The Mission


Search Coil Magnetometer


Removing of Spin Modulation (from Le Contel et al., 2008)

Calibration of an SCM mounted onboard a spinning spacecraft with a spin frequency in the antenna bandwidth such as THEMIS probes requires additional steps compared with a laboratory calibration. Indeed, the components of the DC magnetic field perpendicular to the spin axis are measured as a sinusoid with a large amplitude at the spin frequency. Since this DC field (~100 nT) is about 100 times larger than the wave amplitude (< 1 nT), it has to be removed from the raw signal before calibration to avoid undesirable effects. Furthermore, the spinning motion at fs (fs being the spin frequency) introduces a Doppler shift. A circularly polarized magnetic wave turning in the same direction as the spin is not detected because its apparent frequency becomes null. Therefore search coils mounted onboard a spinning spacecraft are not able to fully restitute spin-plane fluctuations with frequencies around the spin frequency. This also means that the sensitivity of the experiment at low frequency depends on the polarization of the waves with respect to the spin axis.

Practically, it is recommended before analyzing waves in a fixed frame (DSL, GSE, GSM) to low-pass filter the data at a minimum frequency higher than the spin frequency; typically fmin could be fixed to the sum of the spin frequency fs and the cut-off frequency fc (the cut-off frequency corresponds to the lower limit of the bandwidth).

Spurious Noise Reduction Process (from Le Contel et al., 2008)

Data analysis during commissioning showed that two types of noise with unexpectedly high amplitudes were present in the SCM waveform data:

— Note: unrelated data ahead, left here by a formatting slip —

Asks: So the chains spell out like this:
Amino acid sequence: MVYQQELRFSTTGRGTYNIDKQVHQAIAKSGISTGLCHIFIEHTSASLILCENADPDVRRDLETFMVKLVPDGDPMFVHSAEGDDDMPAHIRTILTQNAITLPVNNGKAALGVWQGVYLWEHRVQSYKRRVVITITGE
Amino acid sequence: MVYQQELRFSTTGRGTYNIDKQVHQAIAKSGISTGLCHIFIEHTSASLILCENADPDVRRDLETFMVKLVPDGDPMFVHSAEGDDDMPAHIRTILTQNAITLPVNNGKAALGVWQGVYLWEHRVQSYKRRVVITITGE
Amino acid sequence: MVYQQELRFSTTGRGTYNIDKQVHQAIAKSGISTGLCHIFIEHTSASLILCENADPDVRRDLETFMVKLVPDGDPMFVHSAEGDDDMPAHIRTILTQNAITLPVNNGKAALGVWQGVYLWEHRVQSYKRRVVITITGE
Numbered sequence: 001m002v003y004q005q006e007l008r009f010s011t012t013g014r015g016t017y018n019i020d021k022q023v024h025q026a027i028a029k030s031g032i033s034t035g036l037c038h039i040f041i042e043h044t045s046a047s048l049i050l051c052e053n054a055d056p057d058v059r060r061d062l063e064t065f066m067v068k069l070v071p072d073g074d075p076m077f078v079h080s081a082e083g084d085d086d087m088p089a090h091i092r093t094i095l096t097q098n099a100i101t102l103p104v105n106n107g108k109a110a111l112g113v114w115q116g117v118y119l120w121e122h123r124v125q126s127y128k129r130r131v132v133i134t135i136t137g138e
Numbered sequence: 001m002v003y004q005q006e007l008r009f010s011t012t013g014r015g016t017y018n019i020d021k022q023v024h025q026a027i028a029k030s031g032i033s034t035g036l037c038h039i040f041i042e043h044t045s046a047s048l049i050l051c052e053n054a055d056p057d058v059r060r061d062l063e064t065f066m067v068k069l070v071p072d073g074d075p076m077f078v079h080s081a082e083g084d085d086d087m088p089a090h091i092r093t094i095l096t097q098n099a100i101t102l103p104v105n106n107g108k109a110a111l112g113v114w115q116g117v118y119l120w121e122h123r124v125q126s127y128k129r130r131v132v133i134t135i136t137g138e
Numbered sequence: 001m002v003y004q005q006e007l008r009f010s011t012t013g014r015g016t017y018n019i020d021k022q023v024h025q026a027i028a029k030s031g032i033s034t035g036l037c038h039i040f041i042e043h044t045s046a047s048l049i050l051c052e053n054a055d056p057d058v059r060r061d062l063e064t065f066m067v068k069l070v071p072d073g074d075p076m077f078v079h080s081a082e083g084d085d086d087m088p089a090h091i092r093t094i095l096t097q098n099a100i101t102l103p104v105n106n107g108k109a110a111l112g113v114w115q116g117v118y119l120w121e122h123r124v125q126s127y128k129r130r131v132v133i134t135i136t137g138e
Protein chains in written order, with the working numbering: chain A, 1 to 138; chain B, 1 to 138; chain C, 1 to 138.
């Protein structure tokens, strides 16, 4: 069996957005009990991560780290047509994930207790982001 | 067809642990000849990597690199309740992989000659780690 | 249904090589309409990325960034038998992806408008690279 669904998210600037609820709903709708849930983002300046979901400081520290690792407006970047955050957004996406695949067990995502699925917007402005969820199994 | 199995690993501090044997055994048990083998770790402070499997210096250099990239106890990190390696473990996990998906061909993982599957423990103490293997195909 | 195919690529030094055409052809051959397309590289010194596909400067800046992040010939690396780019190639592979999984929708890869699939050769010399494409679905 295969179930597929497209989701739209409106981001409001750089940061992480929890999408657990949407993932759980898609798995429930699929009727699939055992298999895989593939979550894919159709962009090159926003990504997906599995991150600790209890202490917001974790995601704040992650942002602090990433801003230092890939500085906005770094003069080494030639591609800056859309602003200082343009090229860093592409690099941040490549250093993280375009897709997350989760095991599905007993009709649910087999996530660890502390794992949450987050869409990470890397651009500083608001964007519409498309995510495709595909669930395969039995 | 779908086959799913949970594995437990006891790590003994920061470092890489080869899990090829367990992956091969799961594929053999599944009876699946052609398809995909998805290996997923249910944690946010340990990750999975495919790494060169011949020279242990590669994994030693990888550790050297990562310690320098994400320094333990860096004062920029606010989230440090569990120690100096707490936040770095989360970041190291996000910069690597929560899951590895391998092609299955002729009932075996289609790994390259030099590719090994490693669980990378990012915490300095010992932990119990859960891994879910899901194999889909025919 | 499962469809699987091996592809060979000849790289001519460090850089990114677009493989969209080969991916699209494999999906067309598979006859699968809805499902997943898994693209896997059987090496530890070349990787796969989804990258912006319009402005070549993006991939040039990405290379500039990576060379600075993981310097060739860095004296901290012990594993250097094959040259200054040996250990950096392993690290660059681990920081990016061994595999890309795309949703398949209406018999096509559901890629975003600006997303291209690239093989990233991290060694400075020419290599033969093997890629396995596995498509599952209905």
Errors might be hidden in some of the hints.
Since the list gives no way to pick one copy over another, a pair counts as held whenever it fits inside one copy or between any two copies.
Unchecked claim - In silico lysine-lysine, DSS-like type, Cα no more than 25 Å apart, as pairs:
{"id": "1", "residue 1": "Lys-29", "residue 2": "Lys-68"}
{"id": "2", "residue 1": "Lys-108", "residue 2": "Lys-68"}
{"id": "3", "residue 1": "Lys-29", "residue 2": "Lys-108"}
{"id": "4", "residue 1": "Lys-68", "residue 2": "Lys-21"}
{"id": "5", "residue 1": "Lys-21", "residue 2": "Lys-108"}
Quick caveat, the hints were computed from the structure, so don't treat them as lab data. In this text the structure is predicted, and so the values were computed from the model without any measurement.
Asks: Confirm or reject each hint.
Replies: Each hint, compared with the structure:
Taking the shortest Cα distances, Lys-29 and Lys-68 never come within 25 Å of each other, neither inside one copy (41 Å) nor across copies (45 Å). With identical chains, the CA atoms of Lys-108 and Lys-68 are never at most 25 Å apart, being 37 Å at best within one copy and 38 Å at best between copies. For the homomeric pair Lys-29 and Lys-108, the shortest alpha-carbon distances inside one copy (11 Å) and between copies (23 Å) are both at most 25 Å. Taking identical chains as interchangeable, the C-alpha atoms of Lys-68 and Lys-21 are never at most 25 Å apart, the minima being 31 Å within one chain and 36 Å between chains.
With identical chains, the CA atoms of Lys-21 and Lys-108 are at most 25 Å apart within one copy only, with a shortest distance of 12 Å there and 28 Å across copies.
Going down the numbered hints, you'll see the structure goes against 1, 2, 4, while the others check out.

First, the power system produces a tone at twice the spin frequency (fs=1/3 Hz) and its harmonics. As expected, the level of these tones decreases during eclipse period.
Second, tones at 8 and 32 Hz, and their harmonics, were found to dominate the spectrum at higher frequencies. Fortunately, both types of spurious noises are locked in phase and are relatively constant in amplitude. Spin tones are locked to the spin phase whereas the 8/32 Hz tones are phase locked with the onboard 1s instrument clock. Thanks to this property, a superposed epoch analysis (SEA) can be applied to the data to reduce the level of these two types of phase-locked noise.

The spurious noise reduction process can be summarized as:
(1) First: An SEA with an average window equal to a multiple of the spin period;(2) Second: An SEA with an averaging window equal to a multiple of 1s.
The noise reduction process has been implemented in the current THEMIS software; two versions of the noise reduction routine are available and can be activated (or not) in the SCM calibration routine by fixing the keyword clnup_author (clnup_author='ole' by default or can be 'ccc'). Basically, they give the same results but algorithms are slightly different (see code sources for more details). Different levels of noise reduction can be selected for each version by using specific keywords (cleanup='spin' for only spin tone cleanup or 'full' for spin tones and 8/32 Hz cleanup). Note that the duration in seconds of the first and second averaging windows can be fixed by the keywords wind_dur_spin and win_dur_1s respectively.

In case of large spikes in the waveform that would not come from the two sources listed above, it is recommended to switch off the spurious noise reduction process and look at the raw data first. As the noise reduction process is based on the subtraction of the averaged regular noise, any isolated large spike will result in an erroneous estimate of the average regular noise.